Campaigners have lost a High Court challenge against the government’s decision to approve plans for a third runway at London’s Heathrow airport.
Five councils, residents, environmental charities and London Mayor Sadiq Khan brought the action after MPs backed the plans in June.
The campaigners said the runway would effectively create a “new airport”, having a “severe” impact on Londoners.
But lawyers representing the government said the case was “unarguable”.
John Sauven, executive director of Greenpeace UK, said: “This verdict will not reduce the impact on local communities from increased noise and air pollution, nor will it resolve Heathrow Ltd’s financial difficulties or the economic weakness in their expansion plans.”
Shirley Rodrigues, deputy London mayor for environment and energy, said: “In challenging the decision to expand Heathrow, Sadiq has stood up for Londoners who have serious concerns about the damaging impact it will have.
“We will now consider the judgement and consult with our co-claimants before deciding our next steps.”
The case was brought against Transport Secretary Chris Grayling by local authorities and residents in London affected by the expansion and charities including Greenpeace, Friends Of The Earth and Plan B.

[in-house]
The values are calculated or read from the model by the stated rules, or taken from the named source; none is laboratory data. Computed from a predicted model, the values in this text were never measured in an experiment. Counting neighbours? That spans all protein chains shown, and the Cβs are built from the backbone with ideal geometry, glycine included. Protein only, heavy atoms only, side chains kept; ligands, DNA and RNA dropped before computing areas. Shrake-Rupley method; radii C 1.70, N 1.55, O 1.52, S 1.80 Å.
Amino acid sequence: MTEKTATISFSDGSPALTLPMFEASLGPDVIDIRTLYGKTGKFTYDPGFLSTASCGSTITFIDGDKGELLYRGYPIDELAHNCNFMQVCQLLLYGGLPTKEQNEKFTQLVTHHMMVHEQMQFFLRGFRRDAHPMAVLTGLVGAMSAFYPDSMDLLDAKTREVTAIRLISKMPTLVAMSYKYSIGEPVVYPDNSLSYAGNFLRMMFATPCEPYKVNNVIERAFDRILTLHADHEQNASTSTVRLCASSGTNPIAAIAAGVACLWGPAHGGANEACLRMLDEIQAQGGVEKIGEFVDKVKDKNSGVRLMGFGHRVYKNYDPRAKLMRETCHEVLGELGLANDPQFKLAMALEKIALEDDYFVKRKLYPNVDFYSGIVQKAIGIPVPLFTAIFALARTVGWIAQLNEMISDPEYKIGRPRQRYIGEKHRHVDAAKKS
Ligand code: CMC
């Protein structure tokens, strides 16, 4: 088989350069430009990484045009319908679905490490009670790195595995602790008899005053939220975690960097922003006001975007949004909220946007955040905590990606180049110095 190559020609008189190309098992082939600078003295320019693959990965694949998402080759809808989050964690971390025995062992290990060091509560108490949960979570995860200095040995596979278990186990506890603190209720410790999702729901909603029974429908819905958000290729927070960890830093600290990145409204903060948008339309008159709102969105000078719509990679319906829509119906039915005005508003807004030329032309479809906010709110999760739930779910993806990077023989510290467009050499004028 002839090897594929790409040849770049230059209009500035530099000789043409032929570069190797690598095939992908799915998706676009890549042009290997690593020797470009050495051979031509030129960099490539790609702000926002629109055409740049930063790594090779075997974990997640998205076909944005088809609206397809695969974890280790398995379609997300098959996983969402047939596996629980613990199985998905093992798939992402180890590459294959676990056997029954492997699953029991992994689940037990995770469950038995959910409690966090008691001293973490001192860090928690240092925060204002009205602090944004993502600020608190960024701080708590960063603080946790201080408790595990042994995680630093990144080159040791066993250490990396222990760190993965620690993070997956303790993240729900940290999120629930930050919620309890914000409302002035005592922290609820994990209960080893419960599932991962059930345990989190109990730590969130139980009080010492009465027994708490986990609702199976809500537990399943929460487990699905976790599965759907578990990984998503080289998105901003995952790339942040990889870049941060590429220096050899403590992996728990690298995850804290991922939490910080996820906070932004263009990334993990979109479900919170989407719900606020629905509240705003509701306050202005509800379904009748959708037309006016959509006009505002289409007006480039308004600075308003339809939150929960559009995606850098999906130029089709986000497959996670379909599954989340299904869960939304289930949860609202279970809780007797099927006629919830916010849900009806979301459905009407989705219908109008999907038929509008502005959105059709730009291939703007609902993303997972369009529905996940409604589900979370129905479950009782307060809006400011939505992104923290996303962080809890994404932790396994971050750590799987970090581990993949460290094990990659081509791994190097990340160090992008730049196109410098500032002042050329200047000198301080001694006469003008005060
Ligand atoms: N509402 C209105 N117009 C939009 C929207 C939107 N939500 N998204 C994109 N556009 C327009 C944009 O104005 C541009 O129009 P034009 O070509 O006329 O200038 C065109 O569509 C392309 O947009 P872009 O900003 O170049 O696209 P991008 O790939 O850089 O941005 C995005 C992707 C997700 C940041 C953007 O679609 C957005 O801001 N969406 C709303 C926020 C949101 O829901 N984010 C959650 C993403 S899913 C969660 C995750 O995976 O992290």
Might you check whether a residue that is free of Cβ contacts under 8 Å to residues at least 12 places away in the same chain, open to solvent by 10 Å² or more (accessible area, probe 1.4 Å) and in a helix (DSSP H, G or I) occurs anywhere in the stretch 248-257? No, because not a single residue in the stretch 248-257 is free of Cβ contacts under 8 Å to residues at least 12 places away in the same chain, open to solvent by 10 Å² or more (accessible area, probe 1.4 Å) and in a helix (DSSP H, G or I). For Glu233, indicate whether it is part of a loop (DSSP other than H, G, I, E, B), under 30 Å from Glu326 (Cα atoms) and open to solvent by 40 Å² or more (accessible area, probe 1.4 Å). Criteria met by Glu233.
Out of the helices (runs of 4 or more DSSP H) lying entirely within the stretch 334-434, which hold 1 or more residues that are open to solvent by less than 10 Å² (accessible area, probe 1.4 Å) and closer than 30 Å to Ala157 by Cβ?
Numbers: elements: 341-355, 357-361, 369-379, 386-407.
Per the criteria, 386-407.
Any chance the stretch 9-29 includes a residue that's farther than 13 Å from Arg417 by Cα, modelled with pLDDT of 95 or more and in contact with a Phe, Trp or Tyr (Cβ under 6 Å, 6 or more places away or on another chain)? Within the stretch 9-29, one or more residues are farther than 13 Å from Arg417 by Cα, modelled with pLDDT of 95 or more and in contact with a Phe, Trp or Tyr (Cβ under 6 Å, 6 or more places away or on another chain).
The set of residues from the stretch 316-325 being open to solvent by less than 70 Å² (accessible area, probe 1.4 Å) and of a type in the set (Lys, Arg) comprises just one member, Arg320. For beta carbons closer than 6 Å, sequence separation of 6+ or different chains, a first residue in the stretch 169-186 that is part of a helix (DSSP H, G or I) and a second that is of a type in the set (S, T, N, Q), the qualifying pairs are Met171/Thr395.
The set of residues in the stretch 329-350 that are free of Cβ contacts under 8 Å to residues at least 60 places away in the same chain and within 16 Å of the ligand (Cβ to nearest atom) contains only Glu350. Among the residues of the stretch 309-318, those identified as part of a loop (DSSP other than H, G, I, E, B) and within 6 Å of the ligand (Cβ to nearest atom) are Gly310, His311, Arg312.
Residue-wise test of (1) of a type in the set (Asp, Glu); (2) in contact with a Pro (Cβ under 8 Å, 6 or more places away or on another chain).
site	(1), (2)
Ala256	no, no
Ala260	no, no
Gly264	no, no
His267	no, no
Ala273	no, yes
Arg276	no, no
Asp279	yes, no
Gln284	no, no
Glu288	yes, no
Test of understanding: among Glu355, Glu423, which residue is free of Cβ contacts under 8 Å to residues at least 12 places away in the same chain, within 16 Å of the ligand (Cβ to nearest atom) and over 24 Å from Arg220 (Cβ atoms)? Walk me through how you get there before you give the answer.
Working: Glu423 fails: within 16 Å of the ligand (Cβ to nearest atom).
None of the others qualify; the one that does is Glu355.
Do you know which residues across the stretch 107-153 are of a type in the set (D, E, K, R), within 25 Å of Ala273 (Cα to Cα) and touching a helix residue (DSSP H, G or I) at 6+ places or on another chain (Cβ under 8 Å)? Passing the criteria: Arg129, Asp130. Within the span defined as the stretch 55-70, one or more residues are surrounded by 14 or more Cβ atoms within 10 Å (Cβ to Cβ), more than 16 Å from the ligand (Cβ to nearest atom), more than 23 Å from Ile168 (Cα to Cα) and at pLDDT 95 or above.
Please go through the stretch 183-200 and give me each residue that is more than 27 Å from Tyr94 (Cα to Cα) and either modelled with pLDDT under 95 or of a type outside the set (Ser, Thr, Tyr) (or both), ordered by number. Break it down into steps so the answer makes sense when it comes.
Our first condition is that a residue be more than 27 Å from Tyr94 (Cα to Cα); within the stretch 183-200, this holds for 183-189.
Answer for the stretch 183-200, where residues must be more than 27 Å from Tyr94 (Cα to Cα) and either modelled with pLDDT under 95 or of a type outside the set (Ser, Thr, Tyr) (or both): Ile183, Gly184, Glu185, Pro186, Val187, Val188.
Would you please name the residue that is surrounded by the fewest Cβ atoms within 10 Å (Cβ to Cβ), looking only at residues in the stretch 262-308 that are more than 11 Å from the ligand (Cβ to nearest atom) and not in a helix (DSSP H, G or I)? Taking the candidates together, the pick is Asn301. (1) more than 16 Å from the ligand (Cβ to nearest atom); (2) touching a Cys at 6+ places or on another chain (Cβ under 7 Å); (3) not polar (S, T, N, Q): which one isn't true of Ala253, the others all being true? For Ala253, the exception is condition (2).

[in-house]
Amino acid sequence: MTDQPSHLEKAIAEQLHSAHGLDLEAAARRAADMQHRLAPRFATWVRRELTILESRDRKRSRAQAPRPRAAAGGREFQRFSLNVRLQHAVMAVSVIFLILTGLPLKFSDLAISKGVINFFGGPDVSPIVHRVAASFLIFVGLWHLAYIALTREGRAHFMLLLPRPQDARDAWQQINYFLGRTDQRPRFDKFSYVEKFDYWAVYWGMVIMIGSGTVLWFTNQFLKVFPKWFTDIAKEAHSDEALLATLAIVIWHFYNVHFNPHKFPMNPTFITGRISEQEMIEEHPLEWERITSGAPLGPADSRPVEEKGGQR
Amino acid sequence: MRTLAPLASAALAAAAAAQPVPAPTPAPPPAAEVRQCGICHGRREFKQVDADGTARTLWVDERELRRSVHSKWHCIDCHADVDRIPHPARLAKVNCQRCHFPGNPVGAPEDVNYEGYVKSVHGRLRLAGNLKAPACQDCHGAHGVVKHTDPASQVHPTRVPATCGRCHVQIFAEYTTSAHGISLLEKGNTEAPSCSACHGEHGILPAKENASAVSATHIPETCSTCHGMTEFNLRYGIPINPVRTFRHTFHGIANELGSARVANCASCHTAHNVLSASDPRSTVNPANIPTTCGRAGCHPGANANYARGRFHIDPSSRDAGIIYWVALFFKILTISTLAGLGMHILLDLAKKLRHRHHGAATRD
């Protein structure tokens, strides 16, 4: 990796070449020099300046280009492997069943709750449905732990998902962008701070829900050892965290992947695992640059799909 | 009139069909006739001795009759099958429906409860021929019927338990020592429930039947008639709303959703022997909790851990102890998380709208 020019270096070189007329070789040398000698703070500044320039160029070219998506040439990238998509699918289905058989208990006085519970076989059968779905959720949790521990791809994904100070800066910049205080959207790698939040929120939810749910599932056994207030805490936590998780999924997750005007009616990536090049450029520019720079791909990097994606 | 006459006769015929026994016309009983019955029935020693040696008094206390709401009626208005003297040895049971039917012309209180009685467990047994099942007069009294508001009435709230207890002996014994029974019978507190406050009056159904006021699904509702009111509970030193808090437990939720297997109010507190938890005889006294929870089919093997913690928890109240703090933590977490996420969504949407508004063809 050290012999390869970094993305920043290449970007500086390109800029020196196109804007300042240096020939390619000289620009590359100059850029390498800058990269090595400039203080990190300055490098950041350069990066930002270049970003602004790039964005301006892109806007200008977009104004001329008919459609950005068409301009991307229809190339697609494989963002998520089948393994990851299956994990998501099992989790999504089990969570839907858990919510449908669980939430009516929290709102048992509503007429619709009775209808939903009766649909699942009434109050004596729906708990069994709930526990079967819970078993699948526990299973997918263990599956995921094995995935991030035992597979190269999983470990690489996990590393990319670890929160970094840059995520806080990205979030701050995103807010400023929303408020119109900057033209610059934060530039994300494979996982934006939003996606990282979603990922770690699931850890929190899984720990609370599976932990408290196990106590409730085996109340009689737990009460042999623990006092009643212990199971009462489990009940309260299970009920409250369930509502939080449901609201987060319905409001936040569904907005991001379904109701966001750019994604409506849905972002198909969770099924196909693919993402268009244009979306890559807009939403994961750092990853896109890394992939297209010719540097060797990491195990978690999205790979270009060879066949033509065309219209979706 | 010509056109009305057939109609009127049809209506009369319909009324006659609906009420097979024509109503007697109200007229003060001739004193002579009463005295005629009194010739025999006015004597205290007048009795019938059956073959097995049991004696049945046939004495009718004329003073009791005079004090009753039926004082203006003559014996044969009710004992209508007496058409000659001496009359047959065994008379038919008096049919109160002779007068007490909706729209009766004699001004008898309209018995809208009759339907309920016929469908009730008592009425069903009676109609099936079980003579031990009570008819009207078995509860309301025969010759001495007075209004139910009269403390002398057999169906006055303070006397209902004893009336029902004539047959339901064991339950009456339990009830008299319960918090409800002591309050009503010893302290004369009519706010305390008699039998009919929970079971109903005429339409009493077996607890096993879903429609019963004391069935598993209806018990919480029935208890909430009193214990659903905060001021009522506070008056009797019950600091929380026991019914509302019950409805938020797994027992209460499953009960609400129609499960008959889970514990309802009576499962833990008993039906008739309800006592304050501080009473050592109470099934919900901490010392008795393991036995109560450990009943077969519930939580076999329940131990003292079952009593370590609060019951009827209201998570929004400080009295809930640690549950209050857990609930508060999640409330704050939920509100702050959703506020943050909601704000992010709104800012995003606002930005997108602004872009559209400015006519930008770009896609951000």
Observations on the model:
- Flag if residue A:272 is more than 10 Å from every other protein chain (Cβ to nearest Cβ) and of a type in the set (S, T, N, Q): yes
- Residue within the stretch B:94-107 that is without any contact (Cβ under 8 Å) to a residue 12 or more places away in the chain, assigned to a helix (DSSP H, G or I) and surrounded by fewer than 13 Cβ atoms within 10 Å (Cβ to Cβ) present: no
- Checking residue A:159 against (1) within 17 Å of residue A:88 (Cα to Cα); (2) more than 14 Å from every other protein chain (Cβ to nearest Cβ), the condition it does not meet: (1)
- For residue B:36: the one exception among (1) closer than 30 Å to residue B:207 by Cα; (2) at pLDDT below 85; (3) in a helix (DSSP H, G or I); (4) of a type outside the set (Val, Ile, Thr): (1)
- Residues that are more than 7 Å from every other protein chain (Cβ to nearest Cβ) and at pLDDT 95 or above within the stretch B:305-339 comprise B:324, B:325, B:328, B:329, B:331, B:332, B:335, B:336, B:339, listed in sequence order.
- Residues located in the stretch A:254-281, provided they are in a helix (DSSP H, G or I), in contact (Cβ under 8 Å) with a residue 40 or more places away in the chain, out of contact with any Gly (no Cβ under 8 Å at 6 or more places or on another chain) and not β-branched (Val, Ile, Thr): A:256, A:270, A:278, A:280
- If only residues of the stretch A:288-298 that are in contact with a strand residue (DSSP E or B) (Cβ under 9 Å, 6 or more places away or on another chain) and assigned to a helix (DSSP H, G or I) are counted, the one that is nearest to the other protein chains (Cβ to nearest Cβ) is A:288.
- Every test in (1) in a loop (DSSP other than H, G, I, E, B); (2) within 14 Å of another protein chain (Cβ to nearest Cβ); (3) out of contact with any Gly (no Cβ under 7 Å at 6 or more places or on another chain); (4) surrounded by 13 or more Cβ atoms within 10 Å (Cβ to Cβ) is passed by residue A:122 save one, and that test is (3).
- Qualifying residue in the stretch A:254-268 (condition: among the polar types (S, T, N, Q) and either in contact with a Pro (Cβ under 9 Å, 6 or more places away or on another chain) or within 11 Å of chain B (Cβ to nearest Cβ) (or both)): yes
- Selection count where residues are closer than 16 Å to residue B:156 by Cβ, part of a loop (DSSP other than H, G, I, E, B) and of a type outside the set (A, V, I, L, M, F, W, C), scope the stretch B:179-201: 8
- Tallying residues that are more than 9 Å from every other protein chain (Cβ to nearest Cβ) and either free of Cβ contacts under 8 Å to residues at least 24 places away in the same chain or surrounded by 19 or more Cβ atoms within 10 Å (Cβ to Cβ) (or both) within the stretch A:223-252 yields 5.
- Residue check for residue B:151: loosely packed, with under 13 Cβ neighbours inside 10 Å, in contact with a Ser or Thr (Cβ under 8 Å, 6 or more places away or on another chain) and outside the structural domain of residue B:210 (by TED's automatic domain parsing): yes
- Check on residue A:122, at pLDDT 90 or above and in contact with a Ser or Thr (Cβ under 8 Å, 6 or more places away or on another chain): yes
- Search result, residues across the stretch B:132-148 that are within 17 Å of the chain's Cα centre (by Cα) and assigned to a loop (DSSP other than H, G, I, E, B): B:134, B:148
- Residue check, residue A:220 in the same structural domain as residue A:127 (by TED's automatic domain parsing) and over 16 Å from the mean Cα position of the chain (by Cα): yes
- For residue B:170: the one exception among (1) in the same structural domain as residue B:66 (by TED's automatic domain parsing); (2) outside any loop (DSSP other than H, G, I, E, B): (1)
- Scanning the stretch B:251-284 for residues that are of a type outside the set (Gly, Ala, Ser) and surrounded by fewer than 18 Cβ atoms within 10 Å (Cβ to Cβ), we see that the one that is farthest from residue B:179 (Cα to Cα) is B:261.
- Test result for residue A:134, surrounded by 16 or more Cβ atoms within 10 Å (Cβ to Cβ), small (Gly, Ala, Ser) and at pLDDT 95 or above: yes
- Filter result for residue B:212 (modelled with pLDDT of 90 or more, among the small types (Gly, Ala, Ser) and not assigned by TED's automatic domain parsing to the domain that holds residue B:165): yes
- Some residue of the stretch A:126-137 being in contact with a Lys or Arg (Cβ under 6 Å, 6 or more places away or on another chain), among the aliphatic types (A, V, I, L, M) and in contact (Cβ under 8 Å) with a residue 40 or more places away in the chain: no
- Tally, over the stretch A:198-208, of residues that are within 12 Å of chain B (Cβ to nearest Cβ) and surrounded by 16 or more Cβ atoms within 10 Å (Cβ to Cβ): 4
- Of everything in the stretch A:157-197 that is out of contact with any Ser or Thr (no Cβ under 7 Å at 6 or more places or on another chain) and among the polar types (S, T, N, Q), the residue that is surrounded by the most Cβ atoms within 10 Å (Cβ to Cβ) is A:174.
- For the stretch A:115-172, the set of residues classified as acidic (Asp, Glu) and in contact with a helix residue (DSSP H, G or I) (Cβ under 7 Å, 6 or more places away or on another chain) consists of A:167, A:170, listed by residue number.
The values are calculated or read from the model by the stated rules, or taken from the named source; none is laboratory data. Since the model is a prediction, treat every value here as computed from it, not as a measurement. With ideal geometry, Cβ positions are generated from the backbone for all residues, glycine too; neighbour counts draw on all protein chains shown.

They argued that the government’s National Policy Statement (NPS), setting out its support for the project, failed to account fully for the impact on air quality, climate change, noise and congestion.
Outlining the case on behalf of campaigners, Nigel Pleming QC had said the plans could see the number of passengers using the airport rise to an estimated 132 million – an increase of 60%.
‘Strong and sincere views’
But lawyers representing Mr Grayling said the claimants’ case was “premature”, as they would have the opportunity to make representations at a later stage in the planning process.
Lord Justice Hickinbottom, sitting with Mr Justice Holgate, said in the ruling on Wednesday: “We understand that these claims involve underlying issues upon which the parties – and indeed many members of the public – hold strong and sincere views.
“There was a tendency for the substance of the parties’ positions to take more of a centre stage than perhaps it should have done, in a hearing that was only concerned with the legality, and not the merits, of the Airports National Policy Statement.”
The ruling means the government will not have to devise a new NPS and put it to another vote in Parliament.
It won its first vote by a comfortable majority of 296 after Labour MPs were granted a free vote.